Which leads me to the phrase “Legally Enforceable” i.e. enforced because there is a legal standard or law the can be applied. So are there states the had a law on their books that uses the door sticker or manufacturer’s ratings for non-commercial haulers? That is a challenge I have tossed out any number of times on the Internet and I toss it out here again. So far in digging through state regs, I did find it specifically referenced in Montana law. And it took a lot of digging, but it was there. Maybe there are others, I am not sure. However, even if there are, enforcement seems largely absent unless you are involved in an accident.

      To follow-up on that I polled local LEOs (law enforcement officers) with whom I came in contact. To a person, they advised me they have never considered weight at the site of an accident. Had no idea as to manufacturers’ ratings, etc. So if you run overweight and can’t stop the ticket does not list a weight violation. More like excessive speed or similar perhaps. Ditto loss of control and so forth.

      Which leads me to civil liability and here it is a slam dunk for the person you hit, etc. Because in order to defend yourself in court, if you run overweight you will have to take the position you know more than the truck and camper manufacturer because they have told you in black and white not to do it. Good luck on that! 🙂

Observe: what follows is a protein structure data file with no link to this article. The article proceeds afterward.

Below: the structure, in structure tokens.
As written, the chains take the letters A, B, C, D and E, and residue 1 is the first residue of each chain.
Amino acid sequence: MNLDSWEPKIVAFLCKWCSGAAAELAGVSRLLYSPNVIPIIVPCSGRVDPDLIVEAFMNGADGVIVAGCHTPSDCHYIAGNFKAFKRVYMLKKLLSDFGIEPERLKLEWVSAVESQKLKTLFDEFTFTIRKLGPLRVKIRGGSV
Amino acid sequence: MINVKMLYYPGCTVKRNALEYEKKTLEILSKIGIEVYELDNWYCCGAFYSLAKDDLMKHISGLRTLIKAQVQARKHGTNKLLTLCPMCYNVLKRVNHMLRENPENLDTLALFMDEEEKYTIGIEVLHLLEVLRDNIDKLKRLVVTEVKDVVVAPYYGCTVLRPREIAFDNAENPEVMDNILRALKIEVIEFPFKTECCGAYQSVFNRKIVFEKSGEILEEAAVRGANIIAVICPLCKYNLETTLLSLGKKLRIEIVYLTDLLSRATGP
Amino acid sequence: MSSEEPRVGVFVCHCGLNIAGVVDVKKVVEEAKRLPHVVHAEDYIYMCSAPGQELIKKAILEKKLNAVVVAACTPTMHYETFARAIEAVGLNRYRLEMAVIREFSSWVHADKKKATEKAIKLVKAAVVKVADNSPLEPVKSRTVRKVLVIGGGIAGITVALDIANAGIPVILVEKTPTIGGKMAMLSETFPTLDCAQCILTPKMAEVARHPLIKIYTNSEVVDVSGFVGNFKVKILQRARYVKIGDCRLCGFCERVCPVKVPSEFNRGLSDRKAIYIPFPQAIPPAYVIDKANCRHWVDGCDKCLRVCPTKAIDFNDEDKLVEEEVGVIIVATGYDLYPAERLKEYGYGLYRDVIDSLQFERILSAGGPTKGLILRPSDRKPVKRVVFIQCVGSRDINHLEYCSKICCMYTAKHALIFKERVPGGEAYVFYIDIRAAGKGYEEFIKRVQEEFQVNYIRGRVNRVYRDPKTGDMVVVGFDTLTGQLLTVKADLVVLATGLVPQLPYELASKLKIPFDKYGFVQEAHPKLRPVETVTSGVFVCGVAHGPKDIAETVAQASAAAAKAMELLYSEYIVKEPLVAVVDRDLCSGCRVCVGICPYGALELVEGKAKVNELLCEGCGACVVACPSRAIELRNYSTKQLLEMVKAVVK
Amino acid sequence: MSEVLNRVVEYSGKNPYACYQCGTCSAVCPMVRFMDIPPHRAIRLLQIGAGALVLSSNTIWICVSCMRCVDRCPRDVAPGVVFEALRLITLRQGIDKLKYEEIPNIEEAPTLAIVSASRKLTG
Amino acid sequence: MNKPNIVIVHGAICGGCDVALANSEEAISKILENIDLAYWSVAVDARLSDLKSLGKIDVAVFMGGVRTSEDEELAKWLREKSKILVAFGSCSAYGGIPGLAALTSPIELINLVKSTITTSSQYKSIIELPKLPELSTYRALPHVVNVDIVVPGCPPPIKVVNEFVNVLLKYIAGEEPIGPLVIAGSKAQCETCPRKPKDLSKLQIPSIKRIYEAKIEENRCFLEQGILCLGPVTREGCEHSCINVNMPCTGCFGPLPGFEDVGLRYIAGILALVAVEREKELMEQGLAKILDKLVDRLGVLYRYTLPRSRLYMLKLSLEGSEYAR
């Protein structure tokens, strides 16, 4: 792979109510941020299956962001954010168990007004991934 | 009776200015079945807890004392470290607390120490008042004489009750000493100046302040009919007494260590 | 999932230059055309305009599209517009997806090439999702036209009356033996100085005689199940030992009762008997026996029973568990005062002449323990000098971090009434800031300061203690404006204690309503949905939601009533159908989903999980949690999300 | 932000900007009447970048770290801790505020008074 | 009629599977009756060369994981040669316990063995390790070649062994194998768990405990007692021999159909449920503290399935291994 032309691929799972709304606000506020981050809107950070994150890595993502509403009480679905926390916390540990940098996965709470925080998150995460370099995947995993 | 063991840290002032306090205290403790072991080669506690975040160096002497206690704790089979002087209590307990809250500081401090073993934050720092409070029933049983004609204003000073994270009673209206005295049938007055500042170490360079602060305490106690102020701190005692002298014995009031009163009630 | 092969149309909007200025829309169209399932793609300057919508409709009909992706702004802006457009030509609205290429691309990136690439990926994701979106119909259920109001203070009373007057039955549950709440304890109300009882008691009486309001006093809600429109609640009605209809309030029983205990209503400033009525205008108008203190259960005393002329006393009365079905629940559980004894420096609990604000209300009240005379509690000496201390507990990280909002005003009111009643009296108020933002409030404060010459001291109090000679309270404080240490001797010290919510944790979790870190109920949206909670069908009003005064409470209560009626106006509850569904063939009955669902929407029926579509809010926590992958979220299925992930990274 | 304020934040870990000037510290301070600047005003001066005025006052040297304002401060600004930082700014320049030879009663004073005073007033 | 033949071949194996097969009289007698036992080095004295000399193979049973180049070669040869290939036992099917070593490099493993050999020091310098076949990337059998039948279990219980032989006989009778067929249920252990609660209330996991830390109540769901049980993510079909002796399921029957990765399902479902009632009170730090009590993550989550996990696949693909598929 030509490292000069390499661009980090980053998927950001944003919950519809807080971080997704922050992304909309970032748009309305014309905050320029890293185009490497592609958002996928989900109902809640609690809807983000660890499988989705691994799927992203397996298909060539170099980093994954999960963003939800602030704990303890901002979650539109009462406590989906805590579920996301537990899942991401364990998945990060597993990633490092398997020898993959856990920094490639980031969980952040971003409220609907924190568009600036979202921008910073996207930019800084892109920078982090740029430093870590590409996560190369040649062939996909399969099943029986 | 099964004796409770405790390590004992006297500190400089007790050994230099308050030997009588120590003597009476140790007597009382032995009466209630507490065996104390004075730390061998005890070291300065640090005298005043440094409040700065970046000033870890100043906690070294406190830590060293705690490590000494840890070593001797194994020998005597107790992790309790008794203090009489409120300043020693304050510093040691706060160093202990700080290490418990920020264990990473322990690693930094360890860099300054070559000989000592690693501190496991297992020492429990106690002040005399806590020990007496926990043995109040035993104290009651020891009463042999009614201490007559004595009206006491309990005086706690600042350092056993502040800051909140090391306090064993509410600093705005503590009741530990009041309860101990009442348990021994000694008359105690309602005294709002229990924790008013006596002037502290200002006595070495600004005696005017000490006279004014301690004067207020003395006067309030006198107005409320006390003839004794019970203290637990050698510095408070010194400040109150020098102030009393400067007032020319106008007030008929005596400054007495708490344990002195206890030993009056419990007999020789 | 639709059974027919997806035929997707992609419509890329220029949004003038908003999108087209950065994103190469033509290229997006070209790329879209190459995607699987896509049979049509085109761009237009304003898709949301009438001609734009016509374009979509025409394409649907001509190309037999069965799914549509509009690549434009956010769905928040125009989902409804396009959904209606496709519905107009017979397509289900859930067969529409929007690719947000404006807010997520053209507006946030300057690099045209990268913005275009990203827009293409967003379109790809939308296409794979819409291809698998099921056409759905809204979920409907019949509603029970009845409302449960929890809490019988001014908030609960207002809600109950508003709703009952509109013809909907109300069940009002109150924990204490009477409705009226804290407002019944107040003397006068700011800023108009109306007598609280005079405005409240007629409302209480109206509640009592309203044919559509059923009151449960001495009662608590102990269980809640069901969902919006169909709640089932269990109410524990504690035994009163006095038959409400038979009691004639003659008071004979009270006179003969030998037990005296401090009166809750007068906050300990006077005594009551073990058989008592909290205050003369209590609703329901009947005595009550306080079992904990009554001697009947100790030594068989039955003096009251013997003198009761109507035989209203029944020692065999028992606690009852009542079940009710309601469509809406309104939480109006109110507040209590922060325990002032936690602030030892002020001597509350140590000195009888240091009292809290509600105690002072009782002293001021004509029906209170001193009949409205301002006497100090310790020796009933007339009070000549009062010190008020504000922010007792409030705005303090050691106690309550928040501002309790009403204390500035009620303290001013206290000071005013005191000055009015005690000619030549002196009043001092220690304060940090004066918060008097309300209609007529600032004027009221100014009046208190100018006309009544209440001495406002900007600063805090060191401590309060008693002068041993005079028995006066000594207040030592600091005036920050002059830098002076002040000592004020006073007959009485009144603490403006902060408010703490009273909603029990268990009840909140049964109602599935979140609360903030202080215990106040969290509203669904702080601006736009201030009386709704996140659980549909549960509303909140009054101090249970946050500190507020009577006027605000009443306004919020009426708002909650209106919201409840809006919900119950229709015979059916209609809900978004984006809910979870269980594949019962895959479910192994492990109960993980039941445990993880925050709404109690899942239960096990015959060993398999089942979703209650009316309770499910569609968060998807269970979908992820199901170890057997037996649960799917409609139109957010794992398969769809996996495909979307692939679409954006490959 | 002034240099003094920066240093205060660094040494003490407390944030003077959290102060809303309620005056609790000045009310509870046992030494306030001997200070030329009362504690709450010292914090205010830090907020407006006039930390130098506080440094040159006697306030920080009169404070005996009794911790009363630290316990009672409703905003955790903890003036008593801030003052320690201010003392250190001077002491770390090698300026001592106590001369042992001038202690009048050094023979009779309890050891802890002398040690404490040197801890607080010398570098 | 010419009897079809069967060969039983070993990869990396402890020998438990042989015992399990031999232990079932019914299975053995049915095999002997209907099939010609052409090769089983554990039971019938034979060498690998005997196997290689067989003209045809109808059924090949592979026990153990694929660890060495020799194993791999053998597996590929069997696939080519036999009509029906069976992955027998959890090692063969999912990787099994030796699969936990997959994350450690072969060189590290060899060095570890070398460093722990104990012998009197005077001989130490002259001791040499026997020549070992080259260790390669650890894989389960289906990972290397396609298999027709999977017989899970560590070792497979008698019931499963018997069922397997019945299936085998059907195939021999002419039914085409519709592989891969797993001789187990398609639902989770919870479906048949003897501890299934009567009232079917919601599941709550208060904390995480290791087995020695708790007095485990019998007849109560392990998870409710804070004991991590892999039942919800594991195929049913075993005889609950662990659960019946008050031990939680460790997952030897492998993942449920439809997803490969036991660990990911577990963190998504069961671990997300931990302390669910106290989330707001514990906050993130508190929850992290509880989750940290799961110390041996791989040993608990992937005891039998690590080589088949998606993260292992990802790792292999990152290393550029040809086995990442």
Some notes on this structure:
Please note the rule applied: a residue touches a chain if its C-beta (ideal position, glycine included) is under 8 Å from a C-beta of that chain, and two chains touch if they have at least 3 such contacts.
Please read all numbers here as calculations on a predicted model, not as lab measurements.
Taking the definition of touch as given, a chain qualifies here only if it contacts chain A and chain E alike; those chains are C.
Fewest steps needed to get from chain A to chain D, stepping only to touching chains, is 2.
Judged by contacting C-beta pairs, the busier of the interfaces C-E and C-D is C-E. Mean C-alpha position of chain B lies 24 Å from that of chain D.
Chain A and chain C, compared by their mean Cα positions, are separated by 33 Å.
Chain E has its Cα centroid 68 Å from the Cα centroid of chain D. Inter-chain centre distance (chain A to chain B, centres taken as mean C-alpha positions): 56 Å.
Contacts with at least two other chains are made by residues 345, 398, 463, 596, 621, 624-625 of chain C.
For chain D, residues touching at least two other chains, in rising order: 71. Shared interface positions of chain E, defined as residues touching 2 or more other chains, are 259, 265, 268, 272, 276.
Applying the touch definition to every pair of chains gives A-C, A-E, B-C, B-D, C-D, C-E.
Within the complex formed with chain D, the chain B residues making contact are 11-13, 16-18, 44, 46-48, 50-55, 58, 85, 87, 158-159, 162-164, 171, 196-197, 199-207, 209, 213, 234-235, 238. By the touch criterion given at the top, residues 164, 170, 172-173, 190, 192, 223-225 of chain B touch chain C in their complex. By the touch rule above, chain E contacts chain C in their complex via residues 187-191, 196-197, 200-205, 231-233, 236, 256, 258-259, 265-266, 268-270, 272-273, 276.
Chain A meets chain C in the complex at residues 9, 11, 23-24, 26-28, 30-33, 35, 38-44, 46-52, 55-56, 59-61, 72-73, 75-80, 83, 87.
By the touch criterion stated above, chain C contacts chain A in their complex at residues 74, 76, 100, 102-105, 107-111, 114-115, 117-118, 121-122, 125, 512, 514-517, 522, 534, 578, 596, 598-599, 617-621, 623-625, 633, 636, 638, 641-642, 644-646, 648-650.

So when I used to speak at RV shows and conferences and discussed weight and accidents I advised everyone to take pictures and get all the information you can about the equipment that was involved. If you are running overweight the odds shift in the other team’s favor.

      So for me personally, not trying to tell anyone else what to do, I have my CAT slips for my truck, camper, and fifth wheel in my center console and I never run over any manufacturers ratings. Probably means I am a wuss, but you never know. 🙂

      Ardvark

      Steve and Andra
      2012 F350 6.2 gasser SRW LB
      Fab Fours front and rear in case we run into a rhino
      2019 Northstar Laredo SC

    • #29143
      John Perz
      Participant

      However, I have spent literally hours trying to track down examples where someone was ticketed or charged based on the manufacturer’s ratings. Read state regs, looked up accident data, etc. When folks posted somewhere about traffic stops I tried to follow up. Never could come up with a solid find.